Visionaries

Civil Rights Advocate Cristina Tzintzun and the Jolt Initiative

| Updated April 19, 2018

Investing in the wave of change for Latinos in Texas

Cristina Tzintzun, founded and is executive director of The Jolt Initiative, a nonprofit that focuses on issues impacting the Latino community in Texas. Here, Jill Nokes, community organizer and conservationist and Kathryn Engelhardt-Cronk, co-founder and CEO of MissionBox talk to Cristina about organizing Latino communities in Texas.

Tell us about how you started your journey in the nonprofit sector?

I grew up with two very different backgrounds, which gave me a huge privilege and ability to see the world in a different way than many other people. My dad is a hippie that lived on a commune in Mexico back in the ‘70’s. My mom is the eldest of nine kids who came from a poor farm-working family.

I’d like to say that my mother is an organic intellectual. She understands the world and her place in it, and why certain doors are not open for certain people. She taught me so much, like where I come from and to always be proud of who I was.

I [was raised] in Ohio, in a very white middle-class neighborhood. But, I grew up going to Mexico and seeing my family extremely poor; it didn’t seem to matter how hard they worked, they never seemed to get ahead, that [there] weren’t the same opportunities afforded to both [sides] of my family. Also, just growing up, I’m light-skinned and when I would go into schools or doctor’s offices with my father (versus my mother), I would see how differently we were treated. It made me really understand how, within the same society, there could be two systems for two groups of people.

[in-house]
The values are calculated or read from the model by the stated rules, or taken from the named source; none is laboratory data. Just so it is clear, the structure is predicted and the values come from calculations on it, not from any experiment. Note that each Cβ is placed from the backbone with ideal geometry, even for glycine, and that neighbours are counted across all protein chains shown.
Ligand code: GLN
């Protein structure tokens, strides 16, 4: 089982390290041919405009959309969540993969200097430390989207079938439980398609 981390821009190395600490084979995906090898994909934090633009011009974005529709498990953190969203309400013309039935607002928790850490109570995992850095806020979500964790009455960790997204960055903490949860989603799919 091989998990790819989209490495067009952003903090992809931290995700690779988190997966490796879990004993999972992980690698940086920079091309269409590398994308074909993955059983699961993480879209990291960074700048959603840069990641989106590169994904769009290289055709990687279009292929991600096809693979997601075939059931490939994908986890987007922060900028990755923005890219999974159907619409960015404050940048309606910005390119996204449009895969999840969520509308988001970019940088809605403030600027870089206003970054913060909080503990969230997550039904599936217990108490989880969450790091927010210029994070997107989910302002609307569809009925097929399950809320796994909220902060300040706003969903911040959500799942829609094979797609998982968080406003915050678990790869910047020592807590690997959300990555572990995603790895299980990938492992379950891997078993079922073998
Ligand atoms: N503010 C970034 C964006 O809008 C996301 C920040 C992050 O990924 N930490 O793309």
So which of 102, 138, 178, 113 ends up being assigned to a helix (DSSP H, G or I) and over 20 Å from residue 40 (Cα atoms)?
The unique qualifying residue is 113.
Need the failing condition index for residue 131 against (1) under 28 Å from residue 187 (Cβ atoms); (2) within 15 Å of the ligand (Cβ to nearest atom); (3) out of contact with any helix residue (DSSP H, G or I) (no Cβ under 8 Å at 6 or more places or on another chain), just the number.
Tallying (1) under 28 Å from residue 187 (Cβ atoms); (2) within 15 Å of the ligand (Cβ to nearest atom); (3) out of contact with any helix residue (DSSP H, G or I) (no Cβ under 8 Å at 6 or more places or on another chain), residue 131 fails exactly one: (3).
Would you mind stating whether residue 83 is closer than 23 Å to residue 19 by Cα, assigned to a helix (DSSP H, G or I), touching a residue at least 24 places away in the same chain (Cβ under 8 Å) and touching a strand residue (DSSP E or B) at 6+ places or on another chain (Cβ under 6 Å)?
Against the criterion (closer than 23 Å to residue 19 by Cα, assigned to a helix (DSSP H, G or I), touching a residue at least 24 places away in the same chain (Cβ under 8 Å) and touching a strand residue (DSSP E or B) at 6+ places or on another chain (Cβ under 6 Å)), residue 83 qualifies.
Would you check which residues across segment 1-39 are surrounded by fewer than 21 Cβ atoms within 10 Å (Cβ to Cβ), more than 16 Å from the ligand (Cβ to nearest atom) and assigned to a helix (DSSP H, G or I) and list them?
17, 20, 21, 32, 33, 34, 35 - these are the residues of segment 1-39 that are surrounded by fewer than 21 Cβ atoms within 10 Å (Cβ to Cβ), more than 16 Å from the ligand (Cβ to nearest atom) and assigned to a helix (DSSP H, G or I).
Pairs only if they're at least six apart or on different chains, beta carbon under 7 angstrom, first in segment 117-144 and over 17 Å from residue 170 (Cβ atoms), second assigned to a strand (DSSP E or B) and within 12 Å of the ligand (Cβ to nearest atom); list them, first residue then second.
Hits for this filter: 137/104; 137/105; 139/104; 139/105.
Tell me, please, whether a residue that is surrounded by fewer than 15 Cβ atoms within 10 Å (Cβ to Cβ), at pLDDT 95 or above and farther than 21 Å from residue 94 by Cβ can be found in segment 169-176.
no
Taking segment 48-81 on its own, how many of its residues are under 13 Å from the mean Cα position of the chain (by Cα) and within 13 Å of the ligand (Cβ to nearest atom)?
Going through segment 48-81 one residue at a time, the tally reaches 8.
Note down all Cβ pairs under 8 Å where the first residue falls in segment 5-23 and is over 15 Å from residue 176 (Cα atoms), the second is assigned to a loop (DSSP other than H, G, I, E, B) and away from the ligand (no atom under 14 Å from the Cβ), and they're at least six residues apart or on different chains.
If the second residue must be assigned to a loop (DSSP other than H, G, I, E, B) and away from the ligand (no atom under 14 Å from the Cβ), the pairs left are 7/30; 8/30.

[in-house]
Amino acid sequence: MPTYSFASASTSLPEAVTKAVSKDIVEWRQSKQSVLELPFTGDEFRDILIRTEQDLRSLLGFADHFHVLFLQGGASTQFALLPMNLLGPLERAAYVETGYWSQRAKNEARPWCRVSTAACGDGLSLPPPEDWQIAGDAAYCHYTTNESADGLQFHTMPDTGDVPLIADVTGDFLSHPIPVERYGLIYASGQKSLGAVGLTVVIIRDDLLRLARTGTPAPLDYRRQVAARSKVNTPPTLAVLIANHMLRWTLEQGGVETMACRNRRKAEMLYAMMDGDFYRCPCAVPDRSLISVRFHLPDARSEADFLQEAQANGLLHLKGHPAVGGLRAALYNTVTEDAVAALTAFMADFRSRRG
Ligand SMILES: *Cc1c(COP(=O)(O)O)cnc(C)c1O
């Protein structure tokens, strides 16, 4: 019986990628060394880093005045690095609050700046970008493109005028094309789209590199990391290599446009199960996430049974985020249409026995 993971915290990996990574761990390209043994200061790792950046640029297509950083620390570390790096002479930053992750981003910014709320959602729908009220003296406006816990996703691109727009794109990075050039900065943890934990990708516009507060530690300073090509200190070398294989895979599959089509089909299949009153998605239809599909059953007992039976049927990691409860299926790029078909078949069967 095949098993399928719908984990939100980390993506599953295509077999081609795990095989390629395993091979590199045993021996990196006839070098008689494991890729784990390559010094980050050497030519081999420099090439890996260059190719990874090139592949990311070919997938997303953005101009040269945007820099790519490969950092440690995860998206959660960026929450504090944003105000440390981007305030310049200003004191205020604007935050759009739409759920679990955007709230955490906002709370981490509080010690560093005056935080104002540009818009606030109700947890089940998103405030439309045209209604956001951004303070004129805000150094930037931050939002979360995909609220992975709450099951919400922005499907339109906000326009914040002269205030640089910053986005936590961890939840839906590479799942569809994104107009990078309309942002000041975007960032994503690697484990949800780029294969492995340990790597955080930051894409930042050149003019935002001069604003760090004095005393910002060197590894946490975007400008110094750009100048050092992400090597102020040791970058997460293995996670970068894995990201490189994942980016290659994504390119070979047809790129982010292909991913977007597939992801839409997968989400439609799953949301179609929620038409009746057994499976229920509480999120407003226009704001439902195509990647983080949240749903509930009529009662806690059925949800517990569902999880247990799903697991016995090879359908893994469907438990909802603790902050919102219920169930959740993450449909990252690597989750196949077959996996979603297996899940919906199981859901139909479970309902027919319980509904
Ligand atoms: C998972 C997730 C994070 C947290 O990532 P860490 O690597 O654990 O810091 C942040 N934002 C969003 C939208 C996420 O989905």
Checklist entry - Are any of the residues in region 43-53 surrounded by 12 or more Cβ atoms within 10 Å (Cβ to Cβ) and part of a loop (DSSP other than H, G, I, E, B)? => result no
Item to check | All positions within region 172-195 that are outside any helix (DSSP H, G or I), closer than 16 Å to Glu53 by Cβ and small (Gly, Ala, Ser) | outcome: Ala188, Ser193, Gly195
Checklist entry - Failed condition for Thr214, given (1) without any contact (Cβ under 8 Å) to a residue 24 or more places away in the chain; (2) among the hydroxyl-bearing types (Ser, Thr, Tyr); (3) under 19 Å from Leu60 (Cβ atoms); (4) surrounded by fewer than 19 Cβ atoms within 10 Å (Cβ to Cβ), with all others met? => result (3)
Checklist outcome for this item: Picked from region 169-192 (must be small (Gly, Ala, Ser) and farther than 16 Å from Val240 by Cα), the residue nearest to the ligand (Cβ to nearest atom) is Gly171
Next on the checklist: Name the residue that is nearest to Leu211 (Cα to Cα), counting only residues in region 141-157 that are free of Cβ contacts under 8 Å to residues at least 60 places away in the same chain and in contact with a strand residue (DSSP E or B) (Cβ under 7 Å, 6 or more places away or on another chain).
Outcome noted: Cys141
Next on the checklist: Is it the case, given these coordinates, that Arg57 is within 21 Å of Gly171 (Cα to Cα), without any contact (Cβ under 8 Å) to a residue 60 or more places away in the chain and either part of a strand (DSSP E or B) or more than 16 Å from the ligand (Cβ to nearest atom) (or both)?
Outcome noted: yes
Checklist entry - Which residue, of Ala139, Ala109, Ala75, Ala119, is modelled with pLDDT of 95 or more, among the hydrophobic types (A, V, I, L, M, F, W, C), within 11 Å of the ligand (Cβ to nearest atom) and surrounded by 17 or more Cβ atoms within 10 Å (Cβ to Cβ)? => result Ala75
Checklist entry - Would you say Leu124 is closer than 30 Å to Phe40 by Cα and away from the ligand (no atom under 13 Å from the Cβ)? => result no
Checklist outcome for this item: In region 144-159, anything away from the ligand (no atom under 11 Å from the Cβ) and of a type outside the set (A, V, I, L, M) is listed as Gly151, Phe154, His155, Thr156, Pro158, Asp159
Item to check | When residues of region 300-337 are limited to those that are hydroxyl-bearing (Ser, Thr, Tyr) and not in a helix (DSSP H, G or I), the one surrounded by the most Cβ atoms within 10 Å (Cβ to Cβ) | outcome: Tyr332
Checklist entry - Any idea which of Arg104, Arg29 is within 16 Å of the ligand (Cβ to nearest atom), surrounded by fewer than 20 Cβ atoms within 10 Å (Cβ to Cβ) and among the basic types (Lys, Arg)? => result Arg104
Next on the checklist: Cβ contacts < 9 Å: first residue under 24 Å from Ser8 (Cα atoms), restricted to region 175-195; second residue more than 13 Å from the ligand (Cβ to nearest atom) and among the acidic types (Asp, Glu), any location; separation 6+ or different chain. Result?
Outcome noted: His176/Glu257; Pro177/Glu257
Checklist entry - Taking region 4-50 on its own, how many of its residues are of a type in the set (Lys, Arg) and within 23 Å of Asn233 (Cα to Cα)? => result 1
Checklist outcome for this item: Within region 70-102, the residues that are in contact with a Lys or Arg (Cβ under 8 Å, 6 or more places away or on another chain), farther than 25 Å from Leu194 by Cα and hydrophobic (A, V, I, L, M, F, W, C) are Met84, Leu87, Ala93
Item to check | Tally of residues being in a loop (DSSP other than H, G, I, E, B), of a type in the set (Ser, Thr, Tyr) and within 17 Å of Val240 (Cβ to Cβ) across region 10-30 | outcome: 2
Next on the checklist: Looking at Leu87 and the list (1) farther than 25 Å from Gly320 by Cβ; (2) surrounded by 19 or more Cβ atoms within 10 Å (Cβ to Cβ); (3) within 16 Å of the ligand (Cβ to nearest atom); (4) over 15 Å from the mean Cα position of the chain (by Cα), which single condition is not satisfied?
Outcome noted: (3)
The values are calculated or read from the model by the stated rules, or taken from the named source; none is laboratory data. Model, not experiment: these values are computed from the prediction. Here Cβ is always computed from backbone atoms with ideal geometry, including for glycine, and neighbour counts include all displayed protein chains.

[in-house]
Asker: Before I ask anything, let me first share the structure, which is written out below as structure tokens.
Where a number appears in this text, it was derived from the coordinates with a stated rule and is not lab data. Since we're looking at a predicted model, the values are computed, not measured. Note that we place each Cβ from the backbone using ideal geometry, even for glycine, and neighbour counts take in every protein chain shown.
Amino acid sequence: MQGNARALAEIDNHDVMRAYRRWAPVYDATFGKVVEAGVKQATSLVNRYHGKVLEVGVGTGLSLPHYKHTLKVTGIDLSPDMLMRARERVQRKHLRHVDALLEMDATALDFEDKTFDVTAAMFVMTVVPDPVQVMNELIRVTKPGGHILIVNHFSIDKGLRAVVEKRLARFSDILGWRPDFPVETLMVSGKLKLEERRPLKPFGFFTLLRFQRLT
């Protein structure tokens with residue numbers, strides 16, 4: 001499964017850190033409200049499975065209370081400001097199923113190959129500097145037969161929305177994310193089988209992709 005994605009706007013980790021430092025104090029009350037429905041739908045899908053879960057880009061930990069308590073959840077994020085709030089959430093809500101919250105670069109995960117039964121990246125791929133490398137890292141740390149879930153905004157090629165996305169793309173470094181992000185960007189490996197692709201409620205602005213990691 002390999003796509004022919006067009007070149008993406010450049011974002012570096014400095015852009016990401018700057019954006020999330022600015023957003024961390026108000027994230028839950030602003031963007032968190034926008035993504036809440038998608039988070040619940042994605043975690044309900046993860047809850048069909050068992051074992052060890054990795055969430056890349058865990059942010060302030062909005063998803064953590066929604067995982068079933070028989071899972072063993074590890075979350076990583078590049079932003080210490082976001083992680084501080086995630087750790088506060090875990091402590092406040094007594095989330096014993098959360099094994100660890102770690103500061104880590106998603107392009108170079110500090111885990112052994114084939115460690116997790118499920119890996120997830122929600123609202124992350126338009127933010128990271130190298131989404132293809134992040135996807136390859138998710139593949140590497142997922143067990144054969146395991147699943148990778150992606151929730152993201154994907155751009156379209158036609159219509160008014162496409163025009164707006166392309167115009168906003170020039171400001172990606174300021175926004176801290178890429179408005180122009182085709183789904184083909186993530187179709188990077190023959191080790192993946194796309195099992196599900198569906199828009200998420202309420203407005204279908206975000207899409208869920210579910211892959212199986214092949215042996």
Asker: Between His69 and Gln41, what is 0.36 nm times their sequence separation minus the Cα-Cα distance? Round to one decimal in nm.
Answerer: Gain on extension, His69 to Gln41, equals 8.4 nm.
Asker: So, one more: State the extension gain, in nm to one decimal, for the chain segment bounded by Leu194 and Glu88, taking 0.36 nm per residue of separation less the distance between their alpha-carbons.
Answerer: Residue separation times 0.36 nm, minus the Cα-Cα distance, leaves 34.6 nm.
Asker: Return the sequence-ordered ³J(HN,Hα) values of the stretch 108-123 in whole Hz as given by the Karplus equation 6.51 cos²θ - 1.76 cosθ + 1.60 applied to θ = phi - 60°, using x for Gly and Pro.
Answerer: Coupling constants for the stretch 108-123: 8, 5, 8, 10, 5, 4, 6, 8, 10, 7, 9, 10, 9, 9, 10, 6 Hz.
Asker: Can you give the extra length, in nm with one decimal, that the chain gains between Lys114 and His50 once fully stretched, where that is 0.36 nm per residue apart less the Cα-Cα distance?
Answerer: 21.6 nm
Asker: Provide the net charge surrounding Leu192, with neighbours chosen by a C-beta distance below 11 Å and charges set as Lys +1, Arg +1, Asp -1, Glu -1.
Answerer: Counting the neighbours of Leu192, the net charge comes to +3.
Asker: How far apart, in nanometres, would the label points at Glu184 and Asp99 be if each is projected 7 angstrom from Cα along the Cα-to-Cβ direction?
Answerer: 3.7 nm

My parents always taught us that our greatest privilege was not necessarily being born in the United States, but being able to understand two cultures, two languages. With that privilege comes responsibility to address the inequities that you see around you.

So early on, you dedicated your whole career to working for equality, for people that were unserved, right?

Yes. I started working with immigrants from Latin America when I was 16 doing translations at doctors’ offices, [and] helping people get their kids into school. Then I recognized that helping one person at a time was important, but I wanted to also address the root causes of why people were facing those struggles in the first place. So I started working with the immigrant community and that is how I got involved with the Workers Defense Project.

How would you describe the mission of the Workers Defense Project?

Immigrants play a huge role in the economy of Texas and that there are key industries, like construction, [that] could not operate without immigrant workers. It’s the largest employer of immigrant workers in the state. There are close to a million construction workers in Texas, 70 percent of them are foreign-born and most are from Latin America. They do really hard, difficult work that we all benefit from. We live in the houses they built, the schools, the stores, everywhere we go, we have benefited from their labor.

Immigrants have not prospered at the same rate as the growth they’d helped to produce. One in five [will] not be paid for their work after doing it. They work in one of the most deadly places to work in the country. We wanted to make sure that people that worked hard, and whose labor we all benefit from, they were able to have safe and good working conditions so that they could take care of their families. It’s just a very basic principle. But, in Texas, that’s a radical idea.

Tell us about the Jolt Initiative.

Our mission is very simple; that our democracy should work best for the people that make up our state. Right now, we feel like our democracy is in crisis. In Texas, we have one of the lowest voter turnout rates in the country. When you have low voter turnout, you have poor representation. We can’t tackle the major issues that we face as a state, whether it be in education, economy or healthcare, if we don’t have our voices represented, then our community isn’t fully represented either.